Oriente warbler

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Oriente warbler
Oriente warbler (Teretistris fornsi) - cropped.jpg
Cayo Romano, Cuba
Scientific classification Red Pencil Icon.png
Kingdom: Animalia
Phylum: Chordata
Class: Aves
Order: Passeriformes
Family: Teretistridae
Genus: Teretistris
Species:
T. fornsi
Binomial name
Teretistris fornsi
Gundlach, 1858
Teretistris fornsi map.svg
Range of T. fornsi

The Oriente warbler (Teretistris fornsi) is a species of bird in the Cuban warbler family, Teretistridae, that is endemic to Cuba. Its natural habitats dry forests, lowland moist forests, montane moist forests, and xeric shrublands. As its common name implies, the Oriente warbler is found in Cuba's east; it is the sister species to its fellow Cuban endemic, the Yellow-headed warbler, found in extreme western Cuba.

Bird Warm-blooded, egg-laying vertebrates with wings, feathers and beaks

Birds, also known as Aves or avian dinosaurs, are a group of endothermic vertebrates, characterised by feathers, toothless beaked jaws, the laying of hard-shelled eggs, a high metabolic rate, a four-chambered heart, and a strong yet lightweight skeleton. Birds live worldwide and range in size from the 5 cm (2 in) bee hummingbird to the 2.75 m (9 ft) ostrich. They rank as the world's most numerically-successful class of tetrapods, with approximately ten thousand living species, more than half of these being passerines, sometimes known as perching birds. Birds have wings which are more or less developed depending on the species; the only known groups without wings are the extinct moa and elephant birds. Wings, which evolved from forelimbs, gave birds the ability to fly, although further evolution has led to the loss of flight in flightless birds, including ratites, penguins, and diverse endemic island species of birds. The digestive and respiratory systems of birds are also uniquely adapted for flight. Some bird species of aquatic environments, particularly seabirds and some waterbirds, have further evolved for swimming.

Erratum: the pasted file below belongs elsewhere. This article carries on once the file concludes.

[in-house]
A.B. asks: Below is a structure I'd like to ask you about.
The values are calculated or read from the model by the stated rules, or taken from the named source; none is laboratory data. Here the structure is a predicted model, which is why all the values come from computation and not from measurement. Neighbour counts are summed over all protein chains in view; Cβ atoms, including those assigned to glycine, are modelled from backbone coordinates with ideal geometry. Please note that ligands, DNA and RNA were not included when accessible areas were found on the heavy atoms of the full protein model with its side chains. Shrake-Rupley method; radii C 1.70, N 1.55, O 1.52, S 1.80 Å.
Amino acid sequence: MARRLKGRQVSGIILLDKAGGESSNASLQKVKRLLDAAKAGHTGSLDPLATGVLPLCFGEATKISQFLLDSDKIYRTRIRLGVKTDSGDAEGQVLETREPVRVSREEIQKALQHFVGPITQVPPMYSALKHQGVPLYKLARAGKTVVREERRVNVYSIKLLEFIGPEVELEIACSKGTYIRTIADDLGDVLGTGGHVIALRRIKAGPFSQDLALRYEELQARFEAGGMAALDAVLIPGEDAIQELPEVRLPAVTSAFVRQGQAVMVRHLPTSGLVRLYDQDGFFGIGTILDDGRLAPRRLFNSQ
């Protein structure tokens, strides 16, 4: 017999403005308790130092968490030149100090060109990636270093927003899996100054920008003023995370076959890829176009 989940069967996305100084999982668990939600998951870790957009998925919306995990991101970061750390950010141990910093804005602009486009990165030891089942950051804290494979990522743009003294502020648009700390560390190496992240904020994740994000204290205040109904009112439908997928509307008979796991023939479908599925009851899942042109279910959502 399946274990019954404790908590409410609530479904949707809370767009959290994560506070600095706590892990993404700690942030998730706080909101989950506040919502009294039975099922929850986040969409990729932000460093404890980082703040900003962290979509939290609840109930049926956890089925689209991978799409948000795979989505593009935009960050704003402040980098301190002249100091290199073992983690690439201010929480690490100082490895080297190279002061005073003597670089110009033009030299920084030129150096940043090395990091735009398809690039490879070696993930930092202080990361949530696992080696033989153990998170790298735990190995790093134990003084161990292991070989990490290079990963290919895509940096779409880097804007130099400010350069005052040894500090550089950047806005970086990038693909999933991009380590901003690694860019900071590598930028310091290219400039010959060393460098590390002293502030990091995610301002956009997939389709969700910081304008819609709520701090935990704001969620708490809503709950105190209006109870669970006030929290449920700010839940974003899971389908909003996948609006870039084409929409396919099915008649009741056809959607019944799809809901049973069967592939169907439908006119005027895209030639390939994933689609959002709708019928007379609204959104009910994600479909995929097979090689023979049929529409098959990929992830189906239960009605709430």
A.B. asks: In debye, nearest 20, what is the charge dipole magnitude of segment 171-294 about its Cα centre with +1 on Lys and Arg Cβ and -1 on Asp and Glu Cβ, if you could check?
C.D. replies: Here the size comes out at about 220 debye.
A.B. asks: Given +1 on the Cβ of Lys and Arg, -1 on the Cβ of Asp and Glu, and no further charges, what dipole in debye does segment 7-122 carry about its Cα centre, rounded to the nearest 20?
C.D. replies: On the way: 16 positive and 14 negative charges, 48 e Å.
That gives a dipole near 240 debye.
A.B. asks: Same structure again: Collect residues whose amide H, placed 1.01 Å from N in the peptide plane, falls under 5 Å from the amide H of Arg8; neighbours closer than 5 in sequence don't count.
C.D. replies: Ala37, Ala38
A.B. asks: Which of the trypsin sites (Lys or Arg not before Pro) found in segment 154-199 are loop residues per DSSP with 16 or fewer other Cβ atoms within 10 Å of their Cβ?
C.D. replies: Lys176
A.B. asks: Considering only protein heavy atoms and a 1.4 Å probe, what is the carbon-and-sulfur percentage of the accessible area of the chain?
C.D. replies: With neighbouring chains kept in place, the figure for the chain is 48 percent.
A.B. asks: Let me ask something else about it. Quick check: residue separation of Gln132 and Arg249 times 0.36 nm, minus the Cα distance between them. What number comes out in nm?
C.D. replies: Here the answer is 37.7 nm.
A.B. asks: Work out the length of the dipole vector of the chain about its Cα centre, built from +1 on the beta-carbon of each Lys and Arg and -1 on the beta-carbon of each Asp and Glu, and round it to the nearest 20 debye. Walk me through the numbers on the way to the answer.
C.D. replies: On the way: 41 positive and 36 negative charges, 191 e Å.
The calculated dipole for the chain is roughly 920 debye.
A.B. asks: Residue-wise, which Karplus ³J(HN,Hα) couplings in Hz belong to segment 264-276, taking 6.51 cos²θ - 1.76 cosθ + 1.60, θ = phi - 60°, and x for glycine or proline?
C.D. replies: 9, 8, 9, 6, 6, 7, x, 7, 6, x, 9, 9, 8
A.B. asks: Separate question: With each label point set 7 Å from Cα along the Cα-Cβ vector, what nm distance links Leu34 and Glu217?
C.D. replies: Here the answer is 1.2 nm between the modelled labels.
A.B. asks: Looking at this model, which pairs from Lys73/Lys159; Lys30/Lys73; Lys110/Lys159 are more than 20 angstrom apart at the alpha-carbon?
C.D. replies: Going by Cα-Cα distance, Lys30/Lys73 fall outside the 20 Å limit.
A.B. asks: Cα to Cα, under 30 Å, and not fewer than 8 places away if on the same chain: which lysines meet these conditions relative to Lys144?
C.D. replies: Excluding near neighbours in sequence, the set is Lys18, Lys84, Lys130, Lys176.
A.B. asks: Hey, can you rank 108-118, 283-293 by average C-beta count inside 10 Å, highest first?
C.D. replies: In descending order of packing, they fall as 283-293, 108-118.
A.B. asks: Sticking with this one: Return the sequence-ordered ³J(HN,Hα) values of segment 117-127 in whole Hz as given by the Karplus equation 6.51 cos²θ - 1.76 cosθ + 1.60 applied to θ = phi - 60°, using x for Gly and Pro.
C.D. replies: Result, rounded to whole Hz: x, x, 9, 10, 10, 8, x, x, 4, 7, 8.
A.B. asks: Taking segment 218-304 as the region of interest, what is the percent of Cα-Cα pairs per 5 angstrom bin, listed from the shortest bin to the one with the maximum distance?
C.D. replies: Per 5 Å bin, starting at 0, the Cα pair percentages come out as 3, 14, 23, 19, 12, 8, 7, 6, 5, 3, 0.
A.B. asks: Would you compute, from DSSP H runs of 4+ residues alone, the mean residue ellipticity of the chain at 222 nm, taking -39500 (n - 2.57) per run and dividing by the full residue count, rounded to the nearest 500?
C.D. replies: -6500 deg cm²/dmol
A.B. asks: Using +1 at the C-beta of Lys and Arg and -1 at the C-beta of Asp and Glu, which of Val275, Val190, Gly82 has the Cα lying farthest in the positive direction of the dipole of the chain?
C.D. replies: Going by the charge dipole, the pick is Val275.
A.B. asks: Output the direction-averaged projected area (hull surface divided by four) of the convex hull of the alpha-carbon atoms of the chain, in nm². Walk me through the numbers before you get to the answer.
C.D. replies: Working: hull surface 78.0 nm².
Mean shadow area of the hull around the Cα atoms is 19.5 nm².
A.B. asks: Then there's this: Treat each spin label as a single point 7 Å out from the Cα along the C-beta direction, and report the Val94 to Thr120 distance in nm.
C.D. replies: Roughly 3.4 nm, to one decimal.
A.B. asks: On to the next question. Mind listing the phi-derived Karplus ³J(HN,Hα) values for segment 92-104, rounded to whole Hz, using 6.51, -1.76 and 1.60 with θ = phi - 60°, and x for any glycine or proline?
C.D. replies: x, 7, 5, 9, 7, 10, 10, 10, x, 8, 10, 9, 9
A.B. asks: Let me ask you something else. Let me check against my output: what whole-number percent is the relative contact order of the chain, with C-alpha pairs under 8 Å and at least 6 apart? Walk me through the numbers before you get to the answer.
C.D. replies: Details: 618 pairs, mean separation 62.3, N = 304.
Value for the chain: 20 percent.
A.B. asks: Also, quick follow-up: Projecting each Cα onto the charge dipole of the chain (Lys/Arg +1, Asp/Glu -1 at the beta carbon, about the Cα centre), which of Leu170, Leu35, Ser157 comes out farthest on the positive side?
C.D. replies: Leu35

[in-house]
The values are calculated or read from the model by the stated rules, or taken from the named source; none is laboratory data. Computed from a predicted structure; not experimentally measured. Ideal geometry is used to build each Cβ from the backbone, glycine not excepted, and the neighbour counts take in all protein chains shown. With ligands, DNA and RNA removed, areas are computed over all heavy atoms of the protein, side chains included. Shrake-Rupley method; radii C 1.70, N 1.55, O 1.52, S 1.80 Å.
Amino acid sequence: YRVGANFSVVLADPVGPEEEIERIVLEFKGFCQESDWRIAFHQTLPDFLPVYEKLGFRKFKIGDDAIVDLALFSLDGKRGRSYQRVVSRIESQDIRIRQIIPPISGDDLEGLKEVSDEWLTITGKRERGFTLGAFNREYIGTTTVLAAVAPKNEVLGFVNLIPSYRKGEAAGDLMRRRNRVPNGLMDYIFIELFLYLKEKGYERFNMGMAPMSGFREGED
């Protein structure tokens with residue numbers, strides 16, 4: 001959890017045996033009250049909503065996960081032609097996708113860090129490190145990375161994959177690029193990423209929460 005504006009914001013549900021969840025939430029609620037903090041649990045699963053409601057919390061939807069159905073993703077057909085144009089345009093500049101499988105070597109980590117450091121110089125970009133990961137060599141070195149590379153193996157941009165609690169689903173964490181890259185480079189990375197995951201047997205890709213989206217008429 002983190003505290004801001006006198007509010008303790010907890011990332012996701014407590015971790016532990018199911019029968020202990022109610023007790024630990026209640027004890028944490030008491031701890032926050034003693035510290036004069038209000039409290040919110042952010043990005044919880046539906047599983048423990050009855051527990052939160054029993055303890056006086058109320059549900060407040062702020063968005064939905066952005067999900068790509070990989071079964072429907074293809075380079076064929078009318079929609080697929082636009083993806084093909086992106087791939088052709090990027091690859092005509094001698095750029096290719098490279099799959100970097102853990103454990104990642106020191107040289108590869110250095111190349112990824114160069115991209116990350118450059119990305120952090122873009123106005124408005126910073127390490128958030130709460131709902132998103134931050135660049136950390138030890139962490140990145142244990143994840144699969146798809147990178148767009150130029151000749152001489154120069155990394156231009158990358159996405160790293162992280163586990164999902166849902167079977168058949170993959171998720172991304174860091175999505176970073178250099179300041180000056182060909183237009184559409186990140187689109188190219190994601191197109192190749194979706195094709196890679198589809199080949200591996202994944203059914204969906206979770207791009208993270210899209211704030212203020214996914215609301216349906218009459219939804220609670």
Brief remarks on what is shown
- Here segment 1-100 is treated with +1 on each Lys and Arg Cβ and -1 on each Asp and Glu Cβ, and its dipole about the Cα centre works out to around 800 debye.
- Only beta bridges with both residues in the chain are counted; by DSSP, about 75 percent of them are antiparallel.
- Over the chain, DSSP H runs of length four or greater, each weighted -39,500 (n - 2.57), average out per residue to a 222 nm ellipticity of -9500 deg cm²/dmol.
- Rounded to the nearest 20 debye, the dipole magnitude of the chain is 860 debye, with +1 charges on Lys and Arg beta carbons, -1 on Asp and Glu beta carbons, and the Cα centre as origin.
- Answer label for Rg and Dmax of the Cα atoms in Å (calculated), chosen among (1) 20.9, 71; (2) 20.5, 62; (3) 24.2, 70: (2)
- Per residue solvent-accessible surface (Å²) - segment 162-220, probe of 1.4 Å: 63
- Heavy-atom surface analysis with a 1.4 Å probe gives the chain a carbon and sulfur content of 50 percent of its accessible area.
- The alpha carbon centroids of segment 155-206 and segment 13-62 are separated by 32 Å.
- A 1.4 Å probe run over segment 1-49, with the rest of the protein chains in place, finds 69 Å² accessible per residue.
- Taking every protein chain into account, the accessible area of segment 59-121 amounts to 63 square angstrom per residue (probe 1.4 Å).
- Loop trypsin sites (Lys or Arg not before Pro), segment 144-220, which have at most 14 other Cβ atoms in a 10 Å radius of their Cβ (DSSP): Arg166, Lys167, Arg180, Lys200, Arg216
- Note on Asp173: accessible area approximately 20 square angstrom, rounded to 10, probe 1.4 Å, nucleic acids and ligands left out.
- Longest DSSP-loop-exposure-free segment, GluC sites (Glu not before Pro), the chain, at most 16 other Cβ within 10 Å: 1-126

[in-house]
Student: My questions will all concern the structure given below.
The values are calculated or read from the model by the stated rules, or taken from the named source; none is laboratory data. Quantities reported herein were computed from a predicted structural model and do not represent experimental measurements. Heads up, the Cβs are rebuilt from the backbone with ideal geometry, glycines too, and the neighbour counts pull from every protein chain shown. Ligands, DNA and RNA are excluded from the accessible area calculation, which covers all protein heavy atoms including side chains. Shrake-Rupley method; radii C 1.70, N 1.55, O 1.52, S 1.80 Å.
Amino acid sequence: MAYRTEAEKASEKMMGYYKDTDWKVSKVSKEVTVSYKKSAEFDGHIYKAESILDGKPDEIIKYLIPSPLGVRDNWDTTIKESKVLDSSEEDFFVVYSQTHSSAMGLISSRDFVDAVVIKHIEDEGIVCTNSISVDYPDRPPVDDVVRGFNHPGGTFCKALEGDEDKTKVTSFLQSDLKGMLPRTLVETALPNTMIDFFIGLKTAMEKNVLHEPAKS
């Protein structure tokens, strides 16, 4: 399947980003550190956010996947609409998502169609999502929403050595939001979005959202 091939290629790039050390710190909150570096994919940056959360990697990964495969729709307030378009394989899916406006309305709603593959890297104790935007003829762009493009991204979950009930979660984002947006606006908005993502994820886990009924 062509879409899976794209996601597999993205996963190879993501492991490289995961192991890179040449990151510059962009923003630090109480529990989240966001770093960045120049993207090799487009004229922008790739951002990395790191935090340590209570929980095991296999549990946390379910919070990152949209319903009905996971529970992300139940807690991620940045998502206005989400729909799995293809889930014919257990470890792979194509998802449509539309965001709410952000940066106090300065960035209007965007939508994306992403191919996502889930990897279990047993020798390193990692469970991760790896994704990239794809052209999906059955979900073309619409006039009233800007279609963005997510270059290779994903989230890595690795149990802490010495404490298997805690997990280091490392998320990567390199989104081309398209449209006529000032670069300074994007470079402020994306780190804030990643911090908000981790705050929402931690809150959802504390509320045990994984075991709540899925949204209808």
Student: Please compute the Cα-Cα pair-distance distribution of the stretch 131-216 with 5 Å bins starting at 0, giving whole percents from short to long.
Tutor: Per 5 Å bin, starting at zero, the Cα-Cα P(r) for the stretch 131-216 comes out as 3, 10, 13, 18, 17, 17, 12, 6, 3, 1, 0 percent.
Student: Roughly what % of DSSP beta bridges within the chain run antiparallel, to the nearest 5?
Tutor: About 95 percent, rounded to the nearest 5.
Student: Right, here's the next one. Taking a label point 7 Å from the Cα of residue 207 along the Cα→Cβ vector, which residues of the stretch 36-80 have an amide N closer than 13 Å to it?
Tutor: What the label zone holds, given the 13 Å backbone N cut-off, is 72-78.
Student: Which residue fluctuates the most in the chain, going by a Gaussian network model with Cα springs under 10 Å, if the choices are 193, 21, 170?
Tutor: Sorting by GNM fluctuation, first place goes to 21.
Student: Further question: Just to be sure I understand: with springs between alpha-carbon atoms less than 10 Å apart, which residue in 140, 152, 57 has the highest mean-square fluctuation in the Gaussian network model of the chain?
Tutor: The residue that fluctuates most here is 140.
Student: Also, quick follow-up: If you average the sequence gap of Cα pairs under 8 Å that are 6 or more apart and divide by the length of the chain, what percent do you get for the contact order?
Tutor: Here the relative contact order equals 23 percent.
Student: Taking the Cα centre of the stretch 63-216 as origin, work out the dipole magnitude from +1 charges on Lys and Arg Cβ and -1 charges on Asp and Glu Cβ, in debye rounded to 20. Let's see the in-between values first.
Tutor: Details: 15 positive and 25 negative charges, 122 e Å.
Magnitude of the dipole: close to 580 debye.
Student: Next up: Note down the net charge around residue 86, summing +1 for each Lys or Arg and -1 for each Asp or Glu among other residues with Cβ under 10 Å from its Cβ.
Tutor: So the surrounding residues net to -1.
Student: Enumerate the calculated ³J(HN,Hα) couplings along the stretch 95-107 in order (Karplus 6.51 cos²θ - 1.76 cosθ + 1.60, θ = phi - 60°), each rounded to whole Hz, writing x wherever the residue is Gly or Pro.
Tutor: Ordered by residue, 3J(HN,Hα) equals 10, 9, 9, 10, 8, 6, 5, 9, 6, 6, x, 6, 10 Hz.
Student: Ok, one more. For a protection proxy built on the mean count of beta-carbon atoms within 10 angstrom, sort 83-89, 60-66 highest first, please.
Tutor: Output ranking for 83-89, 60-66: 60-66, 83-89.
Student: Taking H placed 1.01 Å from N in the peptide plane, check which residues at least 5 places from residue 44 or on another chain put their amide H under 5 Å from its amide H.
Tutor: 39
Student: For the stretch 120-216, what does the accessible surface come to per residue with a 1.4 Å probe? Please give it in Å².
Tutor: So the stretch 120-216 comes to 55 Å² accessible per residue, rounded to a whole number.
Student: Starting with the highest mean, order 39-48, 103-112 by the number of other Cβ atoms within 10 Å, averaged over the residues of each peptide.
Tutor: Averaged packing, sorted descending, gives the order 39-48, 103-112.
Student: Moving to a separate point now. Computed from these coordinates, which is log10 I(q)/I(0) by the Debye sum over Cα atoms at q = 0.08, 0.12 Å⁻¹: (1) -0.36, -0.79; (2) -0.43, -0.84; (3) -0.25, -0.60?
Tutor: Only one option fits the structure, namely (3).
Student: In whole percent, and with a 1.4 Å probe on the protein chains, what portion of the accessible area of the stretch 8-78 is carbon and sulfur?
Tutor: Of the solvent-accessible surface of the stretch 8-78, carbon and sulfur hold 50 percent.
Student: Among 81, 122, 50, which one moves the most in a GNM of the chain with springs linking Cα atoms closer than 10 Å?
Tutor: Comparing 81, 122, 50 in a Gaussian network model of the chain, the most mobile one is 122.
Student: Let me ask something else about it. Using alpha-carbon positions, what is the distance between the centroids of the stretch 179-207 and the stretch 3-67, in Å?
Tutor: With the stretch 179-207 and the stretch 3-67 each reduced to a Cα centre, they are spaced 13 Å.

Cuban warbler Tiny family of birds found only in Cuba

The Cuban warblers are a genus, Teretistris, and family, Teretistridae, of birds endemic to Cuba and its surrounding cays. Until 2002 they were thought to be New World warblers, but DNA studies have shown that they are not closely related to that family. The family consists of two species, the yellow-headed warbler and the Oriente warbler. Both species are found in forest and scrub, with the yellow-headed warbler ranging in the west of the island and the Oriente warbler in the east. The Cuban warblers are 13 cm (5.1 in) long and have similar yellow and grey plumage.

Endemism Ecological state of being unique to a defined geographic location or habitat

Endemism is the ecological state of a species being unique to a defined geographic location, such as an island, nation, country or other defined zone, or habitat type; organisms that are indigenous to a place are not endemic to it if they are also found elsewhere. The extreme opposite of endemism is cosmopolitan distribution. An alternative term for a species that is endemic is precinctive, which applies to species that are restricted to a defined geographical area.

This species measures 13 cm (5.1 in) long. Upperparts are uniformly medium-grey. Underparts are mostly yellow, with a light grey belly. A whitish eye ring and slightly decurved bill are distinctive traits. [2]

Feeds on insects, spiders and small lizards. [2]

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References

  1. BirdLife International (2012). "Teretistris fornsi". IUCN Red List of Threatened Species. Version 2013.2. International Union for Conservation of Nature . Retrieved 26 November 2013.
  2. 1 2 Garrido, Orlando H.; Kirkconnell, Arturo (2000). Field Guide to the Birds of Cuba. Ithaca, NY: Comstock, Cornell University Press. p. 201. ISBN   978-0-8014-8631-9.

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